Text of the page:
Intel upgrades quantum computer ambitions with new control chip

Intel unveiled on Thursday its Horse Ridge 2 processor for controlling quantum computers, an important milestone in making the potentially revolutionary machines practical.

Intel's Horse Ridge 2 chip, packaged in this metal housing, is designed to simplify communications between a quantum processor and conventional computers.

© Intel

Intel’s Horse Ridge 2 chip, packaged in this metal housing, is designed to simplify communications between a quantum processor and conventional computers.

The Horse Ridge 2 isn’t a quantum processor itself but is designed to solve the challenges of communicating with future quantum processors with thousands or more qubits. The processor is the second generation of a family that debuted in 2019.


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The processor comes as Intel endeavors to catch up with quantum computer rivals like IBM and Google. The chipmaker hopes it eventually will leapfrog the competition with processors housing vastly more qubits, the data processing element fundamental to quantum computers, than its competitors have. Horse Ridge 2 moves Intel closer to that goal by making Intel’s large-qubit-count designs more workable.


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Massive Computer Chip Could Process Simulations “Faster Than Real-Time”

As smartphones and computers have got smaller, the pressure is on technology companies to keep up and produce computer chips that are faster than before, but the same size or smaller than their predecessors. However, one company still believes that bigger is better.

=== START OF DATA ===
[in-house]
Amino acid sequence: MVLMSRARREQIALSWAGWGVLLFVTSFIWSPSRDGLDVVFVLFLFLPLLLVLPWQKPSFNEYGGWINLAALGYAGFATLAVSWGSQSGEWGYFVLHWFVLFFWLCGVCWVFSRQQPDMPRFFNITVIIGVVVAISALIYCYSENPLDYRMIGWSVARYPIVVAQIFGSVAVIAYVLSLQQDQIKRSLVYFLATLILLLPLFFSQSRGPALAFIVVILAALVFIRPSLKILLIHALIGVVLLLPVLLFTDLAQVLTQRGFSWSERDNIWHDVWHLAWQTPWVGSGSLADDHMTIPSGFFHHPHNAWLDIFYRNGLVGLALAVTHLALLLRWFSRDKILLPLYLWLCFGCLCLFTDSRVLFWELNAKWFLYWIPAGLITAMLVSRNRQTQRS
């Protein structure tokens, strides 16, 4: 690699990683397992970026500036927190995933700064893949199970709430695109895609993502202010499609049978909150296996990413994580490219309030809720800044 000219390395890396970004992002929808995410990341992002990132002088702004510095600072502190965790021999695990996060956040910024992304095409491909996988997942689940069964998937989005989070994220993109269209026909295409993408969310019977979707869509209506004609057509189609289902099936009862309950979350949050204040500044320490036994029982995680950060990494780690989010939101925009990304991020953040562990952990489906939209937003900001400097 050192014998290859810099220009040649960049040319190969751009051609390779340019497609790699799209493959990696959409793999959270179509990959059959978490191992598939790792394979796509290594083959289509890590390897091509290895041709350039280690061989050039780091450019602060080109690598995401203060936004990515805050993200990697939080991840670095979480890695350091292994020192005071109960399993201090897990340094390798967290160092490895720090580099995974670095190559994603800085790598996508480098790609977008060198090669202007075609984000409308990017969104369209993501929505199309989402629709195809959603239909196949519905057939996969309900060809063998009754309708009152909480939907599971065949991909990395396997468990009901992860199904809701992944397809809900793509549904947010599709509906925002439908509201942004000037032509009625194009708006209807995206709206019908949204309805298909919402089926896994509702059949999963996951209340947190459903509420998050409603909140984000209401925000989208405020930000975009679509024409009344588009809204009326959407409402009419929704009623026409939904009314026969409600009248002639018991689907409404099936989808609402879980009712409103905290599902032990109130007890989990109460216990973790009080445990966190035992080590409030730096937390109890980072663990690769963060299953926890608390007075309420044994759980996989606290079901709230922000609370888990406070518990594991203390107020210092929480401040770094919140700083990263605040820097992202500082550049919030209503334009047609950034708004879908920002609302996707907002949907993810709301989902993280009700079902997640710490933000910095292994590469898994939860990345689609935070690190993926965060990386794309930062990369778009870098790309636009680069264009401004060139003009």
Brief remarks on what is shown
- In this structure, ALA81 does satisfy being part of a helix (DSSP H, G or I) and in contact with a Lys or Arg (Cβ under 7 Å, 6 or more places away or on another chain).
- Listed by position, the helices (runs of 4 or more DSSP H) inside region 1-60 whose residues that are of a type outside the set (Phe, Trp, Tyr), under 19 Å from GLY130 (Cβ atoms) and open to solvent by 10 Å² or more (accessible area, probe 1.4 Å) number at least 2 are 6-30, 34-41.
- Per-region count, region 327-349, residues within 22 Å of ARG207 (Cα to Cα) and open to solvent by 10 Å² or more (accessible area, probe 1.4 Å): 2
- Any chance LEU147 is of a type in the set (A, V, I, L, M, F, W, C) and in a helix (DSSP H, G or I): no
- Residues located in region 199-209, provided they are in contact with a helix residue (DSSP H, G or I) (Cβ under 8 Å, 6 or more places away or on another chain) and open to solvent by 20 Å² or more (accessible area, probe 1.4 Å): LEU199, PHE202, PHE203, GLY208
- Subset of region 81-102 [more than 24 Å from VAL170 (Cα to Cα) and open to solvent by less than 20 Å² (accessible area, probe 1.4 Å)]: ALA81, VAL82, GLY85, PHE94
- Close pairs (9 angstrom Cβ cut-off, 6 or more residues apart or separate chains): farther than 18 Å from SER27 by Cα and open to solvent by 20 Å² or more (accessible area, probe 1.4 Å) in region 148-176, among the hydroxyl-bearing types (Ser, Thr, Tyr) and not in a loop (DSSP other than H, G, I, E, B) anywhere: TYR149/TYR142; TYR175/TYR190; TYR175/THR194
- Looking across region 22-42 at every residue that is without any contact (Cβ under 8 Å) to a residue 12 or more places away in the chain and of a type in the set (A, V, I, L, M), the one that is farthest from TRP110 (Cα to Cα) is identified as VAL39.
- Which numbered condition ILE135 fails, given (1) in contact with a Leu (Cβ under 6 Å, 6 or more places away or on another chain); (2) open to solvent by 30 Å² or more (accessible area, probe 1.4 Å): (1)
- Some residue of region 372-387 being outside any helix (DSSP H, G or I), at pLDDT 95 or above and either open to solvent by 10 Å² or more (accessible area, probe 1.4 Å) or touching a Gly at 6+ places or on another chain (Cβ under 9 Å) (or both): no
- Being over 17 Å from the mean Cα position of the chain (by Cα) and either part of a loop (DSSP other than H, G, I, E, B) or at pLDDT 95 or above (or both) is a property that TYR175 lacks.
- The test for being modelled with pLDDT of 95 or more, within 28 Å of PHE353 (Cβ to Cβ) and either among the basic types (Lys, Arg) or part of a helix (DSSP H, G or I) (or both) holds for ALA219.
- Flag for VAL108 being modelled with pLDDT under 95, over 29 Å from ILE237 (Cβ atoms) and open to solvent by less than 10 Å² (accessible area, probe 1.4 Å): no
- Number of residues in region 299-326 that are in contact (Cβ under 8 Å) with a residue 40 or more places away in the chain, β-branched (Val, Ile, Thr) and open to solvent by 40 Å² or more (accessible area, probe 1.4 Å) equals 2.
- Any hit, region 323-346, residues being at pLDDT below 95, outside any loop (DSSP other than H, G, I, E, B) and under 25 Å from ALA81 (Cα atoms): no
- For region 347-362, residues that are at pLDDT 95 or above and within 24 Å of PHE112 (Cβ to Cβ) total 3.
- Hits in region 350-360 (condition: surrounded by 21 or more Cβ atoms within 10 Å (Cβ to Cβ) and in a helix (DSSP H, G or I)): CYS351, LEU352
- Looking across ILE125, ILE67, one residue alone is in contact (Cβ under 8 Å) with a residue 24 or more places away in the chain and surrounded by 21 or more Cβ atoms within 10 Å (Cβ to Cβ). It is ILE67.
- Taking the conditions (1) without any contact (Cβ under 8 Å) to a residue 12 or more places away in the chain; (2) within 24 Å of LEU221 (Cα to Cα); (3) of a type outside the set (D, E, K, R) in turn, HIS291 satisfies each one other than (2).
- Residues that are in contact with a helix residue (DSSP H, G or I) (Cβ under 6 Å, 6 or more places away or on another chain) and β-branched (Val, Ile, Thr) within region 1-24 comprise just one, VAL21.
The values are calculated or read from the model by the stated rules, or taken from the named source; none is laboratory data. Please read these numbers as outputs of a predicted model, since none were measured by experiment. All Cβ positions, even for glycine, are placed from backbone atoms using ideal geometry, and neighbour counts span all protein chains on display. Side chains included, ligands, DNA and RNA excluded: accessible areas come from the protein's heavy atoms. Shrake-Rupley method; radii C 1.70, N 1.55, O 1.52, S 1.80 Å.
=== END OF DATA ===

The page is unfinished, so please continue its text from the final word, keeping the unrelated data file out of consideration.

Cerebras systems have designed a goliath computer chip that may be capable of sailing past the competition in specific tasks, claims a collaboration between Cerebras and the National Energy Technology Laboratory (NETL) in a preprint paper (not yet peer-reviewed) published on arXIV and presented to the SC20 conference this week. Designed to “revolutionize deep learning,” the CS-1 measures 8.5 inches (21.6 centimeters) across, packs in 1.2 trillion transistors, and, according to the company, is 200 times faster than rival supercomputer Joule 2.0 (the 82nd fastest supercomputer in the world) in a combustion simulation.

In fact, this chip could be so fast that it could simulate an event

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World’s biggest computer chip can simulate the future ‘faster than the laws of physics’, creators claim

A recent test of the biggest computer chip in the world found that it can predict what is going to happen in the future “faster than the laws of physics produce the same result”, researchers have said.

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The Cerebras CS-1 chip, which contains 1.2 trillion transistors, performed 200-times faster than a supercomputer when simulating combustion within a powerplant.

The 462 cm2 chip proved so powerful in analysing over a million variables – from fluctuating temperatures to 3D air movement – that it was able to show what would happen faster than real-time.

Developed in partnership with the US Department of Energy’s National Energy Technology Laboratory, the Cerebras CS-1 is described as “the world’s most powerful AI compute system”. The number of transistors is 22-times that of the recently announced Nvidia A100 80GB chip, designed for state-of-the-art supercomputers.

“This work opens the door for major

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Apple reveals new high-end computer with ‘M1’ chip

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Apple has revealed a new 13-inch MacBook Pro that includes its own “M1” chip.